Arts Council of Brazos Valley hosts open gallery to participate in first-ever Artists Sunday
COLLEGE STATION, Texas (KBTX) - The Arts Council of Brazos Valley participated in the first-ever Artists Sunday by hosting an open gallery event on November 29 showcasing the work of local artists.
It’s a new national movement that was started this year to be similar to what Small Business Saturday is for small business owners or Cyber Monday is to online merchants. Think of it as being Black Friday for local artists and craftspeople.
“Today, we’re out supporting any artist that you know of, whether it’s performing arts or people who do visual arts, even those people who write,” The Arts Council of Brazos Valley Executive Director Sheree Boegner said. “It’s so important to support the arts because they do so much for our economy, and I think it’s going to be one of the things that really is a good driver for our economy here in the community.”
But the artists aren’t just excited about the extra opportunity to sell their work. They also hope the day will highlight why art is such an important part of society.
“It enriches the community,” Coleen Bradfield, who is one of the council’s studio artists, said. “I think that when people have art in their community, it draws them out. It gives them something to experience. It gives them something to appreciate. People don’t hesitate to say, ‘Oh yeah, we’ve got a great football team,’ but we also have a lot of great artists, and those artists can also contribute a lot to the well-being of the community.”
“I think artists, in general, support the emotional well-being, creativity, and excitement of a community,” Chris Wilson, another one of the council’s studio artists who specializes in watercolor painting, said. “Local artists will capture local subject matter. Buildings you may be familiar with and places that you’ve been to, and so that connection is very important in art, to make a connection to the artist and the subject that artist is painting or portraying.”
Frontline healthcare workers and their stories have captivated Amanda Dominguez, who is also a studio artist with the council, as she’s made some of them the subject of some of her most recent work. She says an artist’s ability to capture a single moment in time and portray it in a unique way that can live on forever is an invaluable tool that can’t afford to be overlooked or underappreciated.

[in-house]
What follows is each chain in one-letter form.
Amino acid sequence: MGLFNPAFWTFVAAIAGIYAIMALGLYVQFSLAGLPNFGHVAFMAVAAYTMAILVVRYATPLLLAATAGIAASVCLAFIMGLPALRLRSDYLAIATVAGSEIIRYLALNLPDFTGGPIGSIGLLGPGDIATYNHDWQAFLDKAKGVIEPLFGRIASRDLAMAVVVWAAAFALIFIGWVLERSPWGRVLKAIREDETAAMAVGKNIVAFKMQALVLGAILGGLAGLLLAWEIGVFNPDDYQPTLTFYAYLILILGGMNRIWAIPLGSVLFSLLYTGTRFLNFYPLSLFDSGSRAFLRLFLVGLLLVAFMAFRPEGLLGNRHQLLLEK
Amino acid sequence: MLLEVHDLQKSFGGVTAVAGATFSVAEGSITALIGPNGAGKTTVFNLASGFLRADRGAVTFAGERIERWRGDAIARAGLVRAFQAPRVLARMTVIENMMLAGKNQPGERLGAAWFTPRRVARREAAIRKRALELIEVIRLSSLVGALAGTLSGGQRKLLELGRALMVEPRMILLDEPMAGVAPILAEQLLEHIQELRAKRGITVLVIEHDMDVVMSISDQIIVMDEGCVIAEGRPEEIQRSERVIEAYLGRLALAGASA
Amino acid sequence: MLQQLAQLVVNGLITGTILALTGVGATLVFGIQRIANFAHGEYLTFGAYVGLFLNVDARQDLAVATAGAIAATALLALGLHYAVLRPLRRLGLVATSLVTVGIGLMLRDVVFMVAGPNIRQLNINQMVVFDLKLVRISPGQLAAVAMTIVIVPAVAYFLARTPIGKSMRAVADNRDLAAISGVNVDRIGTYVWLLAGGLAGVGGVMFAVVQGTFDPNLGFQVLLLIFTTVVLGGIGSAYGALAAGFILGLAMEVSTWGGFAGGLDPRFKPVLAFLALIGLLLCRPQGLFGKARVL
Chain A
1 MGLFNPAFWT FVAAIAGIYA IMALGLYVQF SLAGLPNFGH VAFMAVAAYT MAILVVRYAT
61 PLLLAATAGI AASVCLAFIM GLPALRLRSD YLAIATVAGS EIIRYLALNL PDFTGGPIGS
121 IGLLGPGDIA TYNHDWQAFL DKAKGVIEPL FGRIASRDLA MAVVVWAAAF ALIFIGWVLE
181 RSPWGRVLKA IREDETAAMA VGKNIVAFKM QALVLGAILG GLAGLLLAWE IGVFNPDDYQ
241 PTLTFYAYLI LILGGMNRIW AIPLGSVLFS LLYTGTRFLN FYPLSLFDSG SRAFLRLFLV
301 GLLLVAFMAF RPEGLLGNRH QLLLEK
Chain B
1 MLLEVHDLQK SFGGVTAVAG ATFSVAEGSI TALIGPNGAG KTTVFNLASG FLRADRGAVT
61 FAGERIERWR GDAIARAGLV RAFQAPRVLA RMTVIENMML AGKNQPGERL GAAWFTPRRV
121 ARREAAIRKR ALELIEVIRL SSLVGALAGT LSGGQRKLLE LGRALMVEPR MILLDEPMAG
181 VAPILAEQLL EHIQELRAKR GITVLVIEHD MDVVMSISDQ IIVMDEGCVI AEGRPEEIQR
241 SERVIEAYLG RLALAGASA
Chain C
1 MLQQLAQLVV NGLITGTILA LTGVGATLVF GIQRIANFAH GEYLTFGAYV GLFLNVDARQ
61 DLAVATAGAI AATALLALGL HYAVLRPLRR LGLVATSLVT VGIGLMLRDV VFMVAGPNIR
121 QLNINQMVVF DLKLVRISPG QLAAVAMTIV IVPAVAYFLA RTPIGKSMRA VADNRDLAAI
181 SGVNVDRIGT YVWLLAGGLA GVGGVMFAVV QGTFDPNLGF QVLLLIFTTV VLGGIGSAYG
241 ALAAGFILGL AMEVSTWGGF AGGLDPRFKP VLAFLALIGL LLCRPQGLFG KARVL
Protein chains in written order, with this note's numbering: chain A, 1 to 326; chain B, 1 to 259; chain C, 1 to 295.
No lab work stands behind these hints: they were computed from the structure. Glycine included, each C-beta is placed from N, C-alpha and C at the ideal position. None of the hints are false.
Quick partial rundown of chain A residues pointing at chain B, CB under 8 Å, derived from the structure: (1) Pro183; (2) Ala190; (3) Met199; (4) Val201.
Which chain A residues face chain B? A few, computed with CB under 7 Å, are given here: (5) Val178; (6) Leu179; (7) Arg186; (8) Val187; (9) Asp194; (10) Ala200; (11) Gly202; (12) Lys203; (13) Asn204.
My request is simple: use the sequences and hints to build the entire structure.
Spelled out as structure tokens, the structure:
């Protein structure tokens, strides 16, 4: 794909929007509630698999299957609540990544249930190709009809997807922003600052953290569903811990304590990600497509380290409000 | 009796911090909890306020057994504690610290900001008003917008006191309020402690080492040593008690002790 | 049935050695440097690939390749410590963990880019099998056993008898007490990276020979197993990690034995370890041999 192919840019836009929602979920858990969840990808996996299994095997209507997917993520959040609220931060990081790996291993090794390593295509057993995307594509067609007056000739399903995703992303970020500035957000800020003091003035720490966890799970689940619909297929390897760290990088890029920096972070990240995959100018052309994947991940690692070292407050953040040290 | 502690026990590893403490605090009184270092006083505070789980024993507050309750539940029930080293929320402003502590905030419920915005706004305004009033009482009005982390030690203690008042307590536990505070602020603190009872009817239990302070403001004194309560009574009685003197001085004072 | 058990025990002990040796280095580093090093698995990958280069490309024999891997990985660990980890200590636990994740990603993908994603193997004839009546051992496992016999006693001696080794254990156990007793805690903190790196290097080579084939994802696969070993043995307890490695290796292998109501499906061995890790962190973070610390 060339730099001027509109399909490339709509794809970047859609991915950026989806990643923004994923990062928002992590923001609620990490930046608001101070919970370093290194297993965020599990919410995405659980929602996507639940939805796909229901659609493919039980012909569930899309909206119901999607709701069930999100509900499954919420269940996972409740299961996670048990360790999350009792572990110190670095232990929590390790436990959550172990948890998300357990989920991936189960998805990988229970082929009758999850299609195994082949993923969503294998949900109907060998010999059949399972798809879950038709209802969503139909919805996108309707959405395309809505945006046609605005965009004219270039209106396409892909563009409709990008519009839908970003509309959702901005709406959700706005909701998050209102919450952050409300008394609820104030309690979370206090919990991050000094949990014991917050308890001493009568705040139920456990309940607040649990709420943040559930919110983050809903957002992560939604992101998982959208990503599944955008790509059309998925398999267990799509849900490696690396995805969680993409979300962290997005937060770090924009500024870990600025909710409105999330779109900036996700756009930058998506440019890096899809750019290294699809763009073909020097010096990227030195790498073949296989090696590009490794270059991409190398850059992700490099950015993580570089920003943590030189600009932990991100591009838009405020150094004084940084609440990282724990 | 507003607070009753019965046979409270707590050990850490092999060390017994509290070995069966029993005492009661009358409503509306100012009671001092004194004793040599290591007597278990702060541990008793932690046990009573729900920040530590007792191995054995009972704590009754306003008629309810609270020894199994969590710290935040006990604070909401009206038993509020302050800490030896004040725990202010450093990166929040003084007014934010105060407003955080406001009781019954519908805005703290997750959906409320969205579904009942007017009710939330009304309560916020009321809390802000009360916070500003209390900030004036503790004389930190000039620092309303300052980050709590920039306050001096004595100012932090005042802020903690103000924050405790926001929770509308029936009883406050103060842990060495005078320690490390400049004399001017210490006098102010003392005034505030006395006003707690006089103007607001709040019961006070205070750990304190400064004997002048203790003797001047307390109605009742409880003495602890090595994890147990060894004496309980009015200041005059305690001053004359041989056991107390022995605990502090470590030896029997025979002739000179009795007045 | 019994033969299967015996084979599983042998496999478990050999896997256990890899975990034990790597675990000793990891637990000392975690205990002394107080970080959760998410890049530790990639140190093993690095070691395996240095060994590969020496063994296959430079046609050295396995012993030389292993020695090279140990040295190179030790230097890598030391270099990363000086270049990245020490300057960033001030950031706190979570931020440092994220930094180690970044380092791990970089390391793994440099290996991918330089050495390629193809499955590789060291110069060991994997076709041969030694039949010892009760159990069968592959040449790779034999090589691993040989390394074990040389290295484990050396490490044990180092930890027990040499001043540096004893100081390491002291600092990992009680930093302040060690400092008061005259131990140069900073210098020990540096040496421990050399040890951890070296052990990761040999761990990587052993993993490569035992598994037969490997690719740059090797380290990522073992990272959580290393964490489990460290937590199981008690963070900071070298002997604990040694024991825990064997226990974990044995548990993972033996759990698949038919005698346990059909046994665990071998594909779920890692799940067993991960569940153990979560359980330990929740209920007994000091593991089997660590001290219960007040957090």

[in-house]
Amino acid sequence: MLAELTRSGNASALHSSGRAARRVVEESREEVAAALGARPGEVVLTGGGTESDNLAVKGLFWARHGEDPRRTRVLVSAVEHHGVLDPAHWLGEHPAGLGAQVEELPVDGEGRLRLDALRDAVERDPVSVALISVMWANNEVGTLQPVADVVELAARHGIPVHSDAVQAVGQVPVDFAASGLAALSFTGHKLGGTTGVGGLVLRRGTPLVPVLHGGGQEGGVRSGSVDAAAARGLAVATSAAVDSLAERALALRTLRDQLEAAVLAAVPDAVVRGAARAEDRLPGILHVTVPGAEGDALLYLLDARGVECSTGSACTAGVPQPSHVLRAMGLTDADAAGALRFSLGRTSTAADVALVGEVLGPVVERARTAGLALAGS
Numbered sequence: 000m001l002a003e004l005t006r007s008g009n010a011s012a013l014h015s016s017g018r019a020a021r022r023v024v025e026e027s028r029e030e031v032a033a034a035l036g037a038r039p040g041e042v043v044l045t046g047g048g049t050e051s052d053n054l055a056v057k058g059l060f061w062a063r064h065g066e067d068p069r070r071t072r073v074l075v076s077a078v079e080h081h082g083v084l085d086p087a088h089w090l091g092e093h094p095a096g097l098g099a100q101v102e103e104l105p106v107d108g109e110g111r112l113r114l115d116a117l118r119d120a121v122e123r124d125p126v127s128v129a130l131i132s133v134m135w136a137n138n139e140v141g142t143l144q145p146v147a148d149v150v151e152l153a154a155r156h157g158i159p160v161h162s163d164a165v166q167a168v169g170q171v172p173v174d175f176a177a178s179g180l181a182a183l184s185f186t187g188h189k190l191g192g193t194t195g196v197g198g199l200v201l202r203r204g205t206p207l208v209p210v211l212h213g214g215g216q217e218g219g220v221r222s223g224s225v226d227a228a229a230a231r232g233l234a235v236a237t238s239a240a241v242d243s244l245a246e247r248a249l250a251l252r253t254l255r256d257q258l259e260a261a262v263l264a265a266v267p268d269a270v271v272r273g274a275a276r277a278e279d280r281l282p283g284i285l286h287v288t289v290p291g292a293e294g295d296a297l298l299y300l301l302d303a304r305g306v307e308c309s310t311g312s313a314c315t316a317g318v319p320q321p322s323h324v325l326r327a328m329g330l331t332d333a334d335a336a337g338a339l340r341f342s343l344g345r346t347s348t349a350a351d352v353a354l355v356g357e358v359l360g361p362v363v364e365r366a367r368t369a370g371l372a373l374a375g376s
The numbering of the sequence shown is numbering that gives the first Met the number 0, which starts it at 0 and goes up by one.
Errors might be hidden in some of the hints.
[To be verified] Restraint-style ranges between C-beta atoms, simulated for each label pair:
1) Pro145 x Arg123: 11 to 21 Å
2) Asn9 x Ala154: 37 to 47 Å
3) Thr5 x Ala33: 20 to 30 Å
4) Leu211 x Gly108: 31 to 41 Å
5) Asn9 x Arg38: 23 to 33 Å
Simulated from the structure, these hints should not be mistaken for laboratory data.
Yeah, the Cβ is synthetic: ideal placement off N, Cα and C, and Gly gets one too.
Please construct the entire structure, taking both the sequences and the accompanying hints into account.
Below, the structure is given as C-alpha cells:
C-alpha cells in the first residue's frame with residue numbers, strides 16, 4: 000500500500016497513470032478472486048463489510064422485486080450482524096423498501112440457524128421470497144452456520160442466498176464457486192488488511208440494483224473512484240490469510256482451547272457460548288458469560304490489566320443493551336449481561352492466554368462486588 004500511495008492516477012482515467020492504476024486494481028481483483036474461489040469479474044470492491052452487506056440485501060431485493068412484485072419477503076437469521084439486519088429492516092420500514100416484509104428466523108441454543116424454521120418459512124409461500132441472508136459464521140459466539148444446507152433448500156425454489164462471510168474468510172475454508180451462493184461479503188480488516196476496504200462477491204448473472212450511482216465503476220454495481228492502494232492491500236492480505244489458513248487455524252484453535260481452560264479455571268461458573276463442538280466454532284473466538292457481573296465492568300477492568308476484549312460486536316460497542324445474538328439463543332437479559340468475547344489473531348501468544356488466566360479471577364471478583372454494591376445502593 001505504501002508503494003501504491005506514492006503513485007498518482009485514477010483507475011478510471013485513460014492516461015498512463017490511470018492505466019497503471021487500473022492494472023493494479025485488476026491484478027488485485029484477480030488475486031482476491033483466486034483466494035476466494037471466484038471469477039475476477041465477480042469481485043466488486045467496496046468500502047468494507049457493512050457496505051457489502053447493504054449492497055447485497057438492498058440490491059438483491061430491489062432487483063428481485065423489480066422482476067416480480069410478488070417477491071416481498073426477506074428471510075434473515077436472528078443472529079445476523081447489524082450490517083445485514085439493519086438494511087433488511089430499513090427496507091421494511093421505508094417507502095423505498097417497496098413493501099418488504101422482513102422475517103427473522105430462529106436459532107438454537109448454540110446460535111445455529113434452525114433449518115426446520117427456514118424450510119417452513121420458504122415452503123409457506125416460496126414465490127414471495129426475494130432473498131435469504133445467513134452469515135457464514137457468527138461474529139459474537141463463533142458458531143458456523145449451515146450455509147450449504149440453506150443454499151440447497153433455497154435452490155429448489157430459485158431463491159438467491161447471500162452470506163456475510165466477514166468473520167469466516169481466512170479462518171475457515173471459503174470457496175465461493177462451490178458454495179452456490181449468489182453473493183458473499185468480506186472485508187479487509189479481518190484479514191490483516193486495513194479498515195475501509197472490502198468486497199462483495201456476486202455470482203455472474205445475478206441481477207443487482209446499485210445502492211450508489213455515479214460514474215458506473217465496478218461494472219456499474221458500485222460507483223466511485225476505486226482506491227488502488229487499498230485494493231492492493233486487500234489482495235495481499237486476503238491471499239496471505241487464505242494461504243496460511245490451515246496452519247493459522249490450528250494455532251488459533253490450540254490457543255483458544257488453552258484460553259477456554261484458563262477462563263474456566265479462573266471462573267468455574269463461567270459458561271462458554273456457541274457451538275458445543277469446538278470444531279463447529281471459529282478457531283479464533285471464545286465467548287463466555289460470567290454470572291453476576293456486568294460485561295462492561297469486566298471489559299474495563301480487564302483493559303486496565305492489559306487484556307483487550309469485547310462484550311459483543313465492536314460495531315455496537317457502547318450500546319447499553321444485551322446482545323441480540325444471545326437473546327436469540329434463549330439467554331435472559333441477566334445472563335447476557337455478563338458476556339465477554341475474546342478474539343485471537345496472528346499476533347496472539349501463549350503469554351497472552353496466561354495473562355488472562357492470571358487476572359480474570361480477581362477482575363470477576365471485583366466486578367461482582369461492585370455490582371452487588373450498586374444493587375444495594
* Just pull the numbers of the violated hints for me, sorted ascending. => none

“They’re around town displaying their perspective on things going on in the world, through color, light, shapes, and different forms of art,” Dominguez said. “It’s an honor to have a piece of artwork in your house that demonstrates that time period, that moment that you’re looking for. I just want to be able to give people a chance to have a piece of artwork in their house for them to cherish through time and future generations.”
Artists also say kickstarting a new tradition like this is even more important in a year so damaged by the pandemic.
“For many artists, they haven’t been able to go to the street fairs and festivals to display and sell their artwork there,” Dominguez said. “To have this time to do that today, this kind of helps bring some of that loss back to us.”
“The pandemic has dramatically cut down on the foot traffic of the arts council building,” Wilson said. “We studio artists still come in and enjoy our studios and our work, but it doesn’t have life without the people. The people bring life here and to our art, so we miss you. We really miss you.”
They hope Artists Sunday will become a long-standing tradition just like Black Friday and Small Business Saturday. They believe if it’s a success today and continues to be in future years, it can provide a major boost to the role all forms of art play in communities across the country.
“I think if people will actually take the time to consider what today is and get out and see some art, meet some artists, it could make a big difference in their lives,” Bradfield said. “A lot of people see art all around them, but they don’t stop and really look at it. Sometimes you can be walking down a street and there can be a sculpture that’s on public display. It could be one of the arts council trains. If people don’t stop and take time to appreciate it, they won’t realize what they’ve missed.”
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